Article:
Illinois Enacts Tax Reform, A Step In The Right Direction


This past week, Illinois lawmakers approved legislation to raise the state corporate and personal income tax. In explaining the need for the effort, Gov. Pat Quinn explained that the state's "fiscal house was burning." Indeed, faced with a revenue shortfall of $15 billion, legislators garnered the political will to enact sensible means to generate sorely-needed revenue. Though the state faces a number of structural budget issues, compared to the short-term fiscal gimmicks used in the past, this action is undoubtedly a step in the right direction.

The plan will raise $6.5 billion over the next year and primarily consists of temporarily increasing the state's flat personal income tax, from 3 to 5 percent, and corporate tax, from 4.8 to 7 percent. This is the first time in 22 years that the state has raised income taxes.

Conservative governors were quick to respond to the development with typical hyperbole and misleading rhetoric. New Jersey Gov. Chris Christie stated, “I’m going to Illinois, personally, and going to start talking to businesses in Illinois and get them to come to New Jersey.” Both Wisconsin's and Indiana's governors responded with comparable statements. However, as analysts point out, "[t]he notion that low corporate tax rates lure business is antiquated. Taxes pay for improved education systems, transportation, and other services that are important to businesses."

The rhetoric of these right-wing officials parallels their fiscal priorities -- misguided and disingenuous. In states across the country, conservative officials are proposing providing large corporations with enormous tax breaks and reducing or even eliminating corporate income, personal income, and estate taxes. In Michigan, for example, lawmakers are attempting to push through over $1 billion in corporate tax breaks and considering cutting the state’s earned income tax credit (EITC), a policy that not only assists working families, but also has a direct positive impact on the economy. Similarly, Arizona Gov. Jan Brewer aims to balance her state’s budget on the backs of the vulnerable. Brewer has expressed her intent to cut health care for 280,000 Arizonans, while advocating for a slew of imprudent business tax cuts. These proposals would do little more than exacerbate fiscal pain, halt economic growth, and increase the burden on the middle class and working families.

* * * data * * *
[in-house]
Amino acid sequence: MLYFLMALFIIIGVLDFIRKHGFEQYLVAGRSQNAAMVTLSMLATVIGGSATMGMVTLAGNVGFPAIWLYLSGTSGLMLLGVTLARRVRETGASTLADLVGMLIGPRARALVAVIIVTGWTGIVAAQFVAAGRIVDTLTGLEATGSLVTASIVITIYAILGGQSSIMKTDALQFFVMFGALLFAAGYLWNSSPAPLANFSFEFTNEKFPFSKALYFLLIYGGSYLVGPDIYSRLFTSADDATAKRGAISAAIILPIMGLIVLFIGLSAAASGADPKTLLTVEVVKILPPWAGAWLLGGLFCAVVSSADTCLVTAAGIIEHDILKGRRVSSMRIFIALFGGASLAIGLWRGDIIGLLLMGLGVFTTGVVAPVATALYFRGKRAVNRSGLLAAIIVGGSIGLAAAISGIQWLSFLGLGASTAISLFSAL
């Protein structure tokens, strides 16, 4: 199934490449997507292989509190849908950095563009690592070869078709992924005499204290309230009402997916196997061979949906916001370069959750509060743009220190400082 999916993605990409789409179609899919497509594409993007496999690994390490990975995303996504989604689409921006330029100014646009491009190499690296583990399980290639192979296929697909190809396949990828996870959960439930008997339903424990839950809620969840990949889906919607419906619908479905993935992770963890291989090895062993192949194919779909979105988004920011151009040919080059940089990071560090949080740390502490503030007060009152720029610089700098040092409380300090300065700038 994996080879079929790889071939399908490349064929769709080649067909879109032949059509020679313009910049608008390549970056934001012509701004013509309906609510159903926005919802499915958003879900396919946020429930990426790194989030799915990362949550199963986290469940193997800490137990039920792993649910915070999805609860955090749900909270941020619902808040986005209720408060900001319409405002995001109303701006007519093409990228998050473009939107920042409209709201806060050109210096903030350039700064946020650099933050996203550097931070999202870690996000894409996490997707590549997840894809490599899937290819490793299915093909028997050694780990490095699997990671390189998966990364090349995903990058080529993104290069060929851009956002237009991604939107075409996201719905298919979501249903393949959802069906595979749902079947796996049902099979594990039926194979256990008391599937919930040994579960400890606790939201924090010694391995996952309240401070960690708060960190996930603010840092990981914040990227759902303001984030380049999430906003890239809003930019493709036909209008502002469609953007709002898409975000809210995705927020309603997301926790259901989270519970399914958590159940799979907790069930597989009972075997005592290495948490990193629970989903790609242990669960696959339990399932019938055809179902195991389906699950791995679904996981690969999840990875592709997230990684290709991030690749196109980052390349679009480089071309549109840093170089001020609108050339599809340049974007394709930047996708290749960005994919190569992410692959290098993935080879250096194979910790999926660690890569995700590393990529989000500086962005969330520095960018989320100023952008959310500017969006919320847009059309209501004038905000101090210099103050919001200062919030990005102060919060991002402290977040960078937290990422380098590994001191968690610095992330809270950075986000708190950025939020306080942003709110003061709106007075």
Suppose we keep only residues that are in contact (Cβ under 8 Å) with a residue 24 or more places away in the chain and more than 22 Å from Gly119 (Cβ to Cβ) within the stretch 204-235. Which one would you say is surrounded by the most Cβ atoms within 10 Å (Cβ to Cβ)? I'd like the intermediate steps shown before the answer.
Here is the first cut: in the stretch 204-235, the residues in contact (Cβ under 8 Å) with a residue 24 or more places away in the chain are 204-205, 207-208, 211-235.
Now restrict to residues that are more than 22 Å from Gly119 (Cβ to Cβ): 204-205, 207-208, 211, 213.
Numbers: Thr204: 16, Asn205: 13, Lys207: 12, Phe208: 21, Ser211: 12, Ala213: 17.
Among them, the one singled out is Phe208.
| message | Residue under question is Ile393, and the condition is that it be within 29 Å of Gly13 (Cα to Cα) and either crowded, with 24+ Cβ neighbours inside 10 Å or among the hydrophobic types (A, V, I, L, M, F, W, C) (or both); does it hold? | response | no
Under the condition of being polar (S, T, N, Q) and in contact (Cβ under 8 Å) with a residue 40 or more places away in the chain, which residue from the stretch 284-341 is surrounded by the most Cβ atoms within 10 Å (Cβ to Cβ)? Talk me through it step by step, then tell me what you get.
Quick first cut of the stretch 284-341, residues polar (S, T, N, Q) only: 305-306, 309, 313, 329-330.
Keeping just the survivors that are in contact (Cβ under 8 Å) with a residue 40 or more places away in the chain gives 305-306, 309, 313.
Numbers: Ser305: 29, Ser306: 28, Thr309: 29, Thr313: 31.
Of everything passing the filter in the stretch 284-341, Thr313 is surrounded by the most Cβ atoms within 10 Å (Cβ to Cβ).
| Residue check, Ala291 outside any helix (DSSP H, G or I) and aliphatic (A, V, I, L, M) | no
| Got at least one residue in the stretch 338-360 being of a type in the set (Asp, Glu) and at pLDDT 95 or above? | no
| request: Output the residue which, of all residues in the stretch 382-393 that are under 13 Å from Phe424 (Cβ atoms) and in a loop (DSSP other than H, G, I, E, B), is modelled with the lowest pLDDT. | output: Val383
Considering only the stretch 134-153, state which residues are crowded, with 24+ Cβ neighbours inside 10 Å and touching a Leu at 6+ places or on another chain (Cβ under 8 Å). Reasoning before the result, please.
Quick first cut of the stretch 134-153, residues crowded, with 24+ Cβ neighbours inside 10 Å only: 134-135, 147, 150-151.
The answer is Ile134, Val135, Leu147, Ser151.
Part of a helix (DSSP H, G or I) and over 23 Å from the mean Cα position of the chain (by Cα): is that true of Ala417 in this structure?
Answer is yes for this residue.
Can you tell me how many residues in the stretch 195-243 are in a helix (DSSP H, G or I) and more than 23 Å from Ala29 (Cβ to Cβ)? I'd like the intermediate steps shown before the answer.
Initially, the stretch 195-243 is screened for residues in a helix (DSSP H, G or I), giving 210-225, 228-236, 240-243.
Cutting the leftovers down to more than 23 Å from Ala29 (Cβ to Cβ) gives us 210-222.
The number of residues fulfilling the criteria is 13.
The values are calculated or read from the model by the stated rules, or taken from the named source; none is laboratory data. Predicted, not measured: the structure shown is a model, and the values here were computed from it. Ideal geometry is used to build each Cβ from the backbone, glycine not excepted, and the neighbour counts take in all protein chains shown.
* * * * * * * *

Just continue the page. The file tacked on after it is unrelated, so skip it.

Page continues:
Lawmakers must pursue a balanced approach to fiscal sustainability. Despite outbursts from the Right, utilizing sensible progressive tax reform to invest in public structures and cornerstones of growth -- like education, health care, and transit -- leads to higher economic growth in the long-term and is a far better alternative to massive budget cuts.

Full Resources from thisArticle

Citizens for Tax Justice - Flood of Bad Tax Ideas Coming from the States
Citizens for Tax Justice - Tax Reform in Illinois
New York Times - Illinois Wakes Up

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